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Month: November 2018

Spieth shot ___ in the final round of the 2012 NCAA Championships

“I can’t believe his missed that putt. If he makes that putt, we win.”
No one has ever purposely missed a putt when it counted. We can all agree on that.
Apologies up front, I write how I talk, it’s not the best for writing according to my English 201 professor but whatever, here goes…….
I have spent a lifetime studying teams, individuals on teams, coaches, coaching philosophy, what makes people tick and most importantly, how to get people to rise to the occasion and play above their skill-set in the biggest moments. In my studies, one way or another, all great programs commit to 3 basic aspects.
I have no formal training, except the school of hard-knocks. Watching personalities interact on a team or in a program is extremely interesting. With a mind-set of “look, listen, learn”, I have spent roughly 10,000 hours over the past 20 years with some of the greatest minds in sports performance.
Again, no PHD, no masters, just blessed to be around some phenomenal people who love to think outside the box. 3 simple focal points are consistent.
#1 – Be positive, #2 – Don’t be critical of your teammates or coaches and #3 – have a strong desire to be apart of something bigger than yourself. So easy to say, but so hard for us to do……
Think about it for a second. Simply be positive, like BE POSITIVE. How many parents sit on a sideline or roam the golf course and are just simply positive? NOT MANY is the answer. How many players are positive about their teammates play? Most are critical of everything, like, weather, conditions of the greens, how the tournament is being ran or how a teammate is playing poorly. Like any teammate has ever purposely played poorly to keep his/her team from winning a tournament? So be POSITIVE. Even on the ride home, find only positive things to say. Focus on effort, attitude, response to adversity, etc.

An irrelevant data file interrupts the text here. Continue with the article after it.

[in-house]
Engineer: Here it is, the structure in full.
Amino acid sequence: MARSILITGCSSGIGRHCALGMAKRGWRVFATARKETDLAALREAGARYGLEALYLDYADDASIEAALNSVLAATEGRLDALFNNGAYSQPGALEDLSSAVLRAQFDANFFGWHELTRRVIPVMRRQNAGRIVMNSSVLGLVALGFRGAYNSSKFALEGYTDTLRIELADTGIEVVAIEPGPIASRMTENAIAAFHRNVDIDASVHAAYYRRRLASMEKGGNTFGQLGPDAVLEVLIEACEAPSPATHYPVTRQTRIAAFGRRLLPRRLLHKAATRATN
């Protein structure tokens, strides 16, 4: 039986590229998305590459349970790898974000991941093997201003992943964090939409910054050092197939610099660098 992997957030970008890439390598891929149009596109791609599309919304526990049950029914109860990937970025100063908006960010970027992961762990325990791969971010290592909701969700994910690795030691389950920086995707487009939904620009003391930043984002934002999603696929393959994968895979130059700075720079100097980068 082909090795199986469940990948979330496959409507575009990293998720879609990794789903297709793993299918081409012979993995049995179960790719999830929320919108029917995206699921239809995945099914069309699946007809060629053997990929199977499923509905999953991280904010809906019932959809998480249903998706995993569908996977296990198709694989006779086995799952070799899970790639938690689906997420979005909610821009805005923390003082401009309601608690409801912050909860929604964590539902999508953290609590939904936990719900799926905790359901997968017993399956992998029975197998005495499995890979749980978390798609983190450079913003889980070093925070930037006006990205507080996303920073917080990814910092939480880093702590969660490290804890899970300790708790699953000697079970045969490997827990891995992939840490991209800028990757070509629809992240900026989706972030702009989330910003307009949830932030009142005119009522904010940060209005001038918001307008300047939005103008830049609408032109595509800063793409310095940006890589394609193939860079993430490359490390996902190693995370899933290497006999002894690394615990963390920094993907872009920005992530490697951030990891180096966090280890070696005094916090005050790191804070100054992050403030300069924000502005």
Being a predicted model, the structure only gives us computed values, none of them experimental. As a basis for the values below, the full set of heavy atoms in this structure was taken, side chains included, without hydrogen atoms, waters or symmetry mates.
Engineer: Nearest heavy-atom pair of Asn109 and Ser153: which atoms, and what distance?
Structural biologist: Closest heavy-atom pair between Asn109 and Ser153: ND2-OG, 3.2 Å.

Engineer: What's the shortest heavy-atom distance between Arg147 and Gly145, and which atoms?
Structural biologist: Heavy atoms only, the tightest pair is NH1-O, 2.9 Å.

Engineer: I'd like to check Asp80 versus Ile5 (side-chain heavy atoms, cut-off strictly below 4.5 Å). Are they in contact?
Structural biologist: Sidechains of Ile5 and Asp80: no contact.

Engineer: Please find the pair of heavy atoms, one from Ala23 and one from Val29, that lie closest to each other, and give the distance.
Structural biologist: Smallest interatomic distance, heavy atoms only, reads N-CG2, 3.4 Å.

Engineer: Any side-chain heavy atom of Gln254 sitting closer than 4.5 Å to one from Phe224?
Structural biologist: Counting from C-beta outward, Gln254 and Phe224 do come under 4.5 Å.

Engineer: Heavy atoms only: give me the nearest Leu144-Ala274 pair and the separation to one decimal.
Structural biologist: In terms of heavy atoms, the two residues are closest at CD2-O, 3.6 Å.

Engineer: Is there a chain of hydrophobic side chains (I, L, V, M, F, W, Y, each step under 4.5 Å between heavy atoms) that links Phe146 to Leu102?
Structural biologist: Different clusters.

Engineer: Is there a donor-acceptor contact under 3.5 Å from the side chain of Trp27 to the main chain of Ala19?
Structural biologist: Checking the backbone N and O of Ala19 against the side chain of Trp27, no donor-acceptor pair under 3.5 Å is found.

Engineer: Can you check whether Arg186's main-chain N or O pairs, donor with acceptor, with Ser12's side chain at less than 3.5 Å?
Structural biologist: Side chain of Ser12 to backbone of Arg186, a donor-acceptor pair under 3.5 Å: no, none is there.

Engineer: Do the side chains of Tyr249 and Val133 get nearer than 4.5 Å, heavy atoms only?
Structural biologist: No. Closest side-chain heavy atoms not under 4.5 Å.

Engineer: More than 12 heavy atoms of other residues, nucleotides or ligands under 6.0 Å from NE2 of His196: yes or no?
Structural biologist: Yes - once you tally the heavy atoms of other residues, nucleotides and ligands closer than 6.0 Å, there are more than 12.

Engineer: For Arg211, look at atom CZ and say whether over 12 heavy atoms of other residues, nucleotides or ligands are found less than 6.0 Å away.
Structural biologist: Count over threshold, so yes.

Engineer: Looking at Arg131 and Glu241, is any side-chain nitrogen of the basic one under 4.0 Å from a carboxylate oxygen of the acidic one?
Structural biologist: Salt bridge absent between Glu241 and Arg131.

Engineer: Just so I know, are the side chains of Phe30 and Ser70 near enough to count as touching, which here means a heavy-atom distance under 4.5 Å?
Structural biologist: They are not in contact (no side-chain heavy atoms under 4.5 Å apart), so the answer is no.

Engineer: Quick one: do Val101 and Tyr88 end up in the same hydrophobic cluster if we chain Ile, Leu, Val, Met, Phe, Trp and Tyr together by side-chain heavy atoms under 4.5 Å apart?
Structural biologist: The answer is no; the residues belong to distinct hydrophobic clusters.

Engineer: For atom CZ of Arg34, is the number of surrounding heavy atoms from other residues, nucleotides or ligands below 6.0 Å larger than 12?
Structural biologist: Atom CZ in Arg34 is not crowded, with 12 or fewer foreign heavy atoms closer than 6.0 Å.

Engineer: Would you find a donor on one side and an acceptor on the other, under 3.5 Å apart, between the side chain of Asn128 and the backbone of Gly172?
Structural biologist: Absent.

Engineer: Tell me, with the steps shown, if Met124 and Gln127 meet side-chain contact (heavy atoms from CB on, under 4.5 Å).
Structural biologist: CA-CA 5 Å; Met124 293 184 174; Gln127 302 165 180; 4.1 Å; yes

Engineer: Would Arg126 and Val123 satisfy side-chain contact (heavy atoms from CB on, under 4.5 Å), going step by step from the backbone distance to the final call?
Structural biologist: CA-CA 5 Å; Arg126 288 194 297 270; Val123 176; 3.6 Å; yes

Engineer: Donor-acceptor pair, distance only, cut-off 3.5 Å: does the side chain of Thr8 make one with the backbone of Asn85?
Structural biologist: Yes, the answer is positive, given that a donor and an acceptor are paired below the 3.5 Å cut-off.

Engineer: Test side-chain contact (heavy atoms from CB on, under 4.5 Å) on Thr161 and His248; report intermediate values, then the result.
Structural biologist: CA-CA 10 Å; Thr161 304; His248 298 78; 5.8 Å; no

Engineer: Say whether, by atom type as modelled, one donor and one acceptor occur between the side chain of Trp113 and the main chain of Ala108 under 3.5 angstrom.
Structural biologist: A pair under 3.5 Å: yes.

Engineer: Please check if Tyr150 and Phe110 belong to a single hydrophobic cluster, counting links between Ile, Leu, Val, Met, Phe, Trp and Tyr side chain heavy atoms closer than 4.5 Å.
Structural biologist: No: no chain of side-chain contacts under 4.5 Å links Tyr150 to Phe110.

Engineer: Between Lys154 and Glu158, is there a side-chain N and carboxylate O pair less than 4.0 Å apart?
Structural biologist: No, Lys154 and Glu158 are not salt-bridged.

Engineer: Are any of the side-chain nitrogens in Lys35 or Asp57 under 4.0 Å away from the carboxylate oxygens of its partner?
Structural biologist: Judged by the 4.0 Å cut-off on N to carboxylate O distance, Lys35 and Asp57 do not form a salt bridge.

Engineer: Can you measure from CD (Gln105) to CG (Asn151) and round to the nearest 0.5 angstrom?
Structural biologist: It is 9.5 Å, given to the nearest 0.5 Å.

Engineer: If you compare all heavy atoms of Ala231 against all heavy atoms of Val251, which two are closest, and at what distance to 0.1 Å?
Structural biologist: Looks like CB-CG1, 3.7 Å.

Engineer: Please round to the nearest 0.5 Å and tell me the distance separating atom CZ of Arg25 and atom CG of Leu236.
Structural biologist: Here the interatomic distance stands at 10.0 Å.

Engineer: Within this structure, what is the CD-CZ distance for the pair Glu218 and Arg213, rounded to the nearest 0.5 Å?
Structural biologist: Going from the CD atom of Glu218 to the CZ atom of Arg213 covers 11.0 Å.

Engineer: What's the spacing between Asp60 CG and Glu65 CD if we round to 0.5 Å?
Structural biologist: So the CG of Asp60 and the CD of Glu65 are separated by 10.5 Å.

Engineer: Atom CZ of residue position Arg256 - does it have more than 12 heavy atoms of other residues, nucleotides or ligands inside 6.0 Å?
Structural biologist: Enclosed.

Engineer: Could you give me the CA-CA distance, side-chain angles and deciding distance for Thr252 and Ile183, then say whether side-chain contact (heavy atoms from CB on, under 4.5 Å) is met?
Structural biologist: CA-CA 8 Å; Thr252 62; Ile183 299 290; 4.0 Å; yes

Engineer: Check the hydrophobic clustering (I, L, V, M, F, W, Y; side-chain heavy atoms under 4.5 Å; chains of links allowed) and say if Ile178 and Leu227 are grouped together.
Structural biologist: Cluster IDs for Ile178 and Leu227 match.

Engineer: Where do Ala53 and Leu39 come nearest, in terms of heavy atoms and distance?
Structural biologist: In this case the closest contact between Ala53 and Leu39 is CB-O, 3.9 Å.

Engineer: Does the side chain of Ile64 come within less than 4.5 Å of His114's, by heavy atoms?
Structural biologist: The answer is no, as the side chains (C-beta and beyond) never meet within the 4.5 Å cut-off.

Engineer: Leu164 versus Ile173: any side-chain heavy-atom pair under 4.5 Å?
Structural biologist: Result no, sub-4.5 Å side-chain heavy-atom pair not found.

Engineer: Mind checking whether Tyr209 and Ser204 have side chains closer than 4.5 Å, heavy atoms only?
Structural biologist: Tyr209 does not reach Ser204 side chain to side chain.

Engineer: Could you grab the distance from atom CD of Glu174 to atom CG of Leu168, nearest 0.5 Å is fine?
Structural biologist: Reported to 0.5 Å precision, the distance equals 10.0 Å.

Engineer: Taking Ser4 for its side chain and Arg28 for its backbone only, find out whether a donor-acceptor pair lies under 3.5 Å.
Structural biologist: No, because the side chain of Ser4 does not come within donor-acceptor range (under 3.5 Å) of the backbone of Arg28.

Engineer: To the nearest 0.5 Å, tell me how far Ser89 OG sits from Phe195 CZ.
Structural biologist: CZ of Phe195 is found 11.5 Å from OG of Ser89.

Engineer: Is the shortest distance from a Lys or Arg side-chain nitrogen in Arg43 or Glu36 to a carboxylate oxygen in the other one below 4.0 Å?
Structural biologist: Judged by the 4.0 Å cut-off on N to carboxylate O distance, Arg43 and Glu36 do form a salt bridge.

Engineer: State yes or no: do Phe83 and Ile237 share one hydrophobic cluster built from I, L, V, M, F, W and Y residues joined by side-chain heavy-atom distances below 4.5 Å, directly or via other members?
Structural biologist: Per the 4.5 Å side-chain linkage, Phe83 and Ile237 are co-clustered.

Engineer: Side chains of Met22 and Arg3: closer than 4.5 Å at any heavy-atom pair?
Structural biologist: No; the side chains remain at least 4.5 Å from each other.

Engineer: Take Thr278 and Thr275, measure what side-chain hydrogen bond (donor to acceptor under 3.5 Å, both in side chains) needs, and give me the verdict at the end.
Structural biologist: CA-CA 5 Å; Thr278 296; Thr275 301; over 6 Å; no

Being critical is human nature. “It’s the coaches fault”, “we would have won if johnny just would have made that putt”, “we don’t practice putting enough”, “johnny shouldn’t the 5th player it should be jerry”……or whatever….do anything but take accountability and responsibility for your own actions. Like the coach doesn’t try to make his team better….Like a player missing a putt on purpose…. you bet, that’s like saying the player fumbled the ball on purpose to keep his team from winning….doesn’t happen, right?
Parents are often the experts on what kid should be playing in what position, only they are not at practice and they do not possess all of the data points for the decision made. Instead, players and parent blame teammates and coaches for everything. Why not defend your coach? Why not defend your teammate? For example, if your mom or dad is chipping on one of your teammates/coaches, why not respond with “Mom, I know you want us to win and so do I. Johnny works exceptionally hard at practice and you criticizing him only creates doubt in my head and makes our team weaker.” Could you imagine the look on the parents face? So defend your coach, defend your teammates, do it respectfully, but do it ALWAYS. One day, you will need them to make a putt or execute on a shot to win a tournament, or a state title. So be loyal to your coach and your teammates.
Any finally, be apart of something bigger than yourself. Playing college golf is a team sport. Most college coaches, if not all care about how you treat your teammates. All great teams accomplish great tasks by truly caring and working together. Sooooo easy to say, but soooooo hard for a lot to do because it might steal the attention off of YOU. For example, the #1 player on the team cares more about winning the tournament individually than winning it as a team. Would you finish 2nd or 3rd in a tournament if it meant your team won the overall tournament?
Think about it, nobody remembers what Jordan Spieth shot in the 2012 NCAA finals. But we all know he and the Texas Longhorns won the championship in dramatic fashion. You can’t win anything alone, some where, somebody has to help you win.
Be positive, don’t be critical of your teammates/coaches and want to be apart of something bigger than yourself.
Hope to see you camp someday, if not, good luck and play BIG!!